US 3320480 A
Description (OCR text may contain errors)
y 16, 9 c w. FAILOR GROUND WIRE MONITORING SYSTEM Filed Feb. 11, 1965 ,ns '-'-ue2 was INVENTOR CHARLESW.FA|LOR BY M ATTORNEYS United States Patent 3,320,480 I GROUND WIRE MONITORING SYSTEM Charles W. Failor, 107 Elmore Road, Pittsburgh, Pa. 15221 Filed Feb. 11, 1965, Ser. No. 431,816 Claims. (Cl. 317-18) 'This invention relates to improvements in the grounding of appliances and relates in particular to a new and novel ground monitoring system for 115 volt alternating current electrical devices.
Electrical appliances, such as portable tools, which may be employed in a basement having a damp floor or may be used out of doors on damp ground or grass can at any instant become a death hazard if not properly connected and used. A fault or short circuit occurring between the hot or live wire from the electrical outlet and the metal housing of the appliance can be, and frequently is, fatal to a person in contact with the housing where the appliance is not properly grounded. All portable tools are now required by the national Electric Code and the Underwriters Laboratories (insurance companies) to have three-wire cords, one of which is intended to carry a fault voltage to the ground in the case of trouble. The three-wire cord terminals terminate in a three-prong plug which fits into an appropriate three-hole receptacle. If the receptacle is properly wired, the third prong grounds the housing of the appliance so that if a fault occurs, a branch fuse or circuit breaker in the hot line at the home service panel is caused to interrupt current flow from the step-down transfer transformer so that electrical shock suffered by one in contact with the device is of short duration.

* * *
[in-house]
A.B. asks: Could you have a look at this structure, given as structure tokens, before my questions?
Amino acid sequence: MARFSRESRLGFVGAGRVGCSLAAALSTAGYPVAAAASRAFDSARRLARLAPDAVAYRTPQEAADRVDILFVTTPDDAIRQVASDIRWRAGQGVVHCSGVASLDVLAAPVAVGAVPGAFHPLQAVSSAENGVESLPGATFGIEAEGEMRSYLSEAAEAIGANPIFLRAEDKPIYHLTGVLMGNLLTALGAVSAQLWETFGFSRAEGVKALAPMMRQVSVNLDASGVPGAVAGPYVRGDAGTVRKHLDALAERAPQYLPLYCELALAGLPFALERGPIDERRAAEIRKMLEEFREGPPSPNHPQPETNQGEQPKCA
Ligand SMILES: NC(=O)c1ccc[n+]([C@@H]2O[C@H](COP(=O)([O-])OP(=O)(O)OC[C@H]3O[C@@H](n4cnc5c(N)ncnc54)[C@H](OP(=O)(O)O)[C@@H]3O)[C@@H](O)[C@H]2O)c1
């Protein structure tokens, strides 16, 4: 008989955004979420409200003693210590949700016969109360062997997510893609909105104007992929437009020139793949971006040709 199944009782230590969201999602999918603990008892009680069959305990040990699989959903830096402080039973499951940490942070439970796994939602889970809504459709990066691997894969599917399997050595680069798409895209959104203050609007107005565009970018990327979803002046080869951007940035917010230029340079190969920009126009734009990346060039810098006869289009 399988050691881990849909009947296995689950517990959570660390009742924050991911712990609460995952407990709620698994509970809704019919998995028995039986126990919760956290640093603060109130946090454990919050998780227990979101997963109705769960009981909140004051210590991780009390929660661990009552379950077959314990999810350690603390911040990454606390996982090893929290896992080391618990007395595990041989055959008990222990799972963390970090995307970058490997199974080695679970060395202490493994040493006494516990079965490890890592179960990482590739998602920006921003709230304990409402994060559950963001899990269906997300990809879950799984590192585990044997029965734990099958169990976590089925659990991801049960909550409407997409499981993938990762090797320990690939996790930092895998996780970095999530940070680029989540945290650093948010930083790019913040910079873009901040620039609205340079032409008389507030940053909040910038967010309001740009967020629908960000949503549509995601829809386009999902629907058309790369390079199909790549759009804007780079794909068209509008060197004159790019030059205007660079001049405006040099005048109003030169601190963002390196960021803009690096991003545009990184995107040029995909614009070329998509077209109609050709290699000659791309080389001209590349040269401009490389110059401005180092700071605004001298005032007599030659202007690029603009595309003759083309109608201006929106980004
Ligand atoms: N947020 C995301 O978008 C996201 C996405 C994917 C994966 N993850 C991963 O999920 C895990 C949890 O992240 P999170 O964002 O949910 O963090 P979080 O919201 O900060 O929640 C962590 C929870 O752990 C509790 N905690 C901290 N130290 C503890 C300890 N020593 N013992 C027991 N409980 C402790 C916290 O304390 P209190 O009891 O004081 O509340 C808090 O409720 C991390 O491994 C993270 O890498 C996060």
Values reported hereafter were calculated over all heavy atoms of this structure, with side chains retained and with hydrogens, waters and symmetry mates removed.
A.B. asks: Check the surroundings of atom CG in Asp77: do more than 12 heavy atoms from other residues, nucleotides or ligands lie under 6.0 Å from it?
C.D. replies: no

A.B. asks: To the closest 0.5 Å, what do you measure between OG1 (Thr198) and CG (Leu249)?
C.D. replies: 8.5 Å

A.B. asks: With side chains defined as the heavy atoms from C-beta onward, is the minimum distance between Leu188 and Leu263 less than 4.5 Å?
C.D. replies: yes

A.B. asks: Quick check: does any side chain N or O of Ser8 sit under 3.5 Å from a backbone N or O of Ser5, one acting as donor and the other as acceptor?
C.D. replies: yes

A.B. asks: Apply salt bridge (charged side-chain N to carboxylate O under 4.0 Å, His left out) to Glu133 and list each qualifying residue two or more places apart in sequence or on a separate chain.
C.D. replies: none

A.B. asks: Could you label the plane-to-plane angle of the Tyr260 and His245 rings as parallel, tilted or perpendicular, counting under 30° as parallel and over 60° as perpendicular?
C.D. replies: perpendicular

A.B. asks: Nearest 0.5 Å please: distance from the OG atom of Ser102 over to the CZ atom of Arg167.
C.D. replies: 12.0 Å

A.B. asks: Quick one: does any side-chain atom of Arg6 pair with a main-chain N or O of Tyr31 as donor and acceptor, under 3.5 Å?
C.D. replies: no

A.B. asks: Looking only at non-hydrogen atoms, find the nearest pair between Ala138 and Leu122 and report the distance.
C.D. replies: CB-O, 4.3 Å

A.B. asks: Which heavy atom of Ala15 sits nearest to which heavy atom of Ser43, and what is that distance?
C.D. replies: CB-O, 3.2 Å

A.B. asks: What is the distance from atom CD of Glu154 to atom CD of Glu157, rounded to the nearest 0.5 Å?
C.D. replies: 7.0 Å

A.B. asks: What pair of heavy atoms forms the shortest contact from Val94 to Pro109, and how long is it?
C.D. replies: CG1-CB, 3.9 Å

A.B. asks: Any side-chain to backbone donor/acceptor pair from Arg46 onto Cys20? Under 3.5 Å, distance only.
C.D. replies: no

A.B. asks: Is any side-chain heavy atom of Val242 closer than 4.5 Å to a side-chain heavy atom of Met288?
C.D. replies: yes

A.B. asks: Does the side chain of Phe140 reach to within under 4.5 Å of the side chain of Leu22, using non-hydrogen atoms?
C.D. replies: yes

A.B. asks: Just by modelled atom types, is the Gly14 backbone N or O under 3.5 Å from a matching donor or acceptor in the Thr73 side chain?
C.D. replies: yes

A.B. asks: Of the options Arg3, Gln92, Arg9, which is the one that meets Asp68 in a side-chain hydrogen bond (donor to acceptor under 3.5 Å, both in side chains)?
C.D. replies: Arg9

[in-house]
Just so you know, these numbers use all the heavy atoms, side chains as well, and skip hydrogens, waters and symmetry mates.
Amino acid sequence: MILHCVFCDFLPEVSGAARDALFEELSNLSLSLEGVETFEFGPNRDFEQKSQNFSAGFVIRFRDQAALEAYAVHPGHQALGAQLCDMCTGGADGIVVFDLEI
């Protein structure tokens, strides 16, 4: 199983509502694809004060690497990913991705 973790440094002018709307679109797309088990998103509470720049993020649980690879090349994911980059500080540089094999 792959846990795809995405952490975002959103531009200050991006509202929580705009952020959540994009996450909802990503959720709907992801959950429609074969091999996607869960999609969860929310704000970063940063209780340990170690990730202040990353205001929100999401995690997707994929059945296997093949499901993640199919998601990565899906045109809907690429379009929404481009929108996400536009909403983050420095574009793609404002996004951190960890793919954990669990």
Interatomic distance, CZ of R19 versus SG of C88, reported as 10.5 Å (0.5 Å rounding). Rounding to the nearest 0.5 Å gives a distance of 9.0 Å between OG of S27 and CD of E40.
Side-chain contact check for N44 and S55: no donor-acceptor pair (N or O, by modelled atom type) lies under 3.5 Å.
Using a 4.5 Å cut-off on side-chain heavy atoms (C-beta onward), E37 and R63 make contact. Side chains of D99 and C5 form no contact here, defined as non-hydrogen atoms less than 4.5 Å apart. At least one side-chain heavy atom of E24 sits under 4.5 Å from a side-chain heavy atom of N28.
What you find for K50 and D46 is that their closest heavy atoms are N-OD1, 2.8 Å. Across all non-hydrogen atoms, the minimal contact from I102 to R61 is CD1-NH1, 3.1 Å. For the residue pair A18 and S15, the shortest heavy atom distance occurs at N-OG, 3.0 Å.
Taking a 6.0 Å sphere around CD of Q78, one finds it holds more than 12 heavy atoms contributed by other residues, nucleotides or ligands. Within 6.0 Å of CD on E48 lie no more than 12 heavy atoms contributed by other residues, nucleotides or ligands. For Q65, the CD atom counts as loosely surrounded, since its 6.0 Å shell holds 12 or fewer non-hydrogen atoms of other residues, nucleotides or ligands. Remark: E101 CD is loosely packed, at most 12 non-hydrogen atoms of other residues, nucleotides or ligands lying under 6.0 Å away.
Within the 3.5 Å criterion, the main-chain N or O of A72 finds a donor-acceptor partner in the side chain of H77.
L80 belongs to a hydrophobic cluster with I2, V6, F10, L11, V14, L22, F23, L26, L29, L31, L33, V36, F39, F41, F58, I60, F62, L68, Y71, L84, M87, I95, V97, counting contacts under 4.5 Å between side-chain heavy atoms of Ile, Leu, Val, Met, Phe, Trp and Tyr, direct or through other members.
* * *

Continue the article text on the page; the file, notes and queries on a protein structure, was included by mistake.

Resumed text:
If the three-hole receptacle or the three-pronged plug is not available, adaptor plugs may be employed for the utilization of a standard indoor two-hole receptacle. These plugs are designed with two prongs to fit into the standard two-hole receptacle. They are also provided with a threehole receptacle for receiving the three-pronged plugs. A ground wire leading from the adaptor is intended to be fastened to the metal housing of the receptacle and the receptacle, if properly installed, should be grounded to a ground provided at the home service panel. All too frequently a fault or interruption occurs in the ground between the service receptacle and the home service panel, or the ground hole of the receptacle is not properly wired to the service panel, or in the case of adaptor plugs, the plug is not actually in communication with the outlet or housing. Additionally, the outlet or housing of the conventional receptacle sometimes is not properly grounded when installed. There is no way for the appliance user to know when one of these conditions exists until a fault occurs and then, of course, it is too late to remedy the situation.
Additionally, many individuals ignore installation of the ground wire of the adaptor plugs so that the hazardous condition exists through ordinary carelessness.
Prior known systems for insuring proper grounding of appliances are both complex and unreliable. I have devised a monitoring system for monitoring the continuity of the ground wire leading from the appliance housing to the ground at the home service panels. If a separate and independent ground is provided to the appliance housing, my monitoring system will monitor this ground. With my device, an appliance will not operate or alternating current will not be supplied to the electricity consuming unit so as to constitute a hazard if the appliance housing is not properly grounded. Further, my device may be utilized in conjunction with adaptor plugs which may be inadvertently plugged in upside down so as to reverse the polarity of the current supplied the appliance.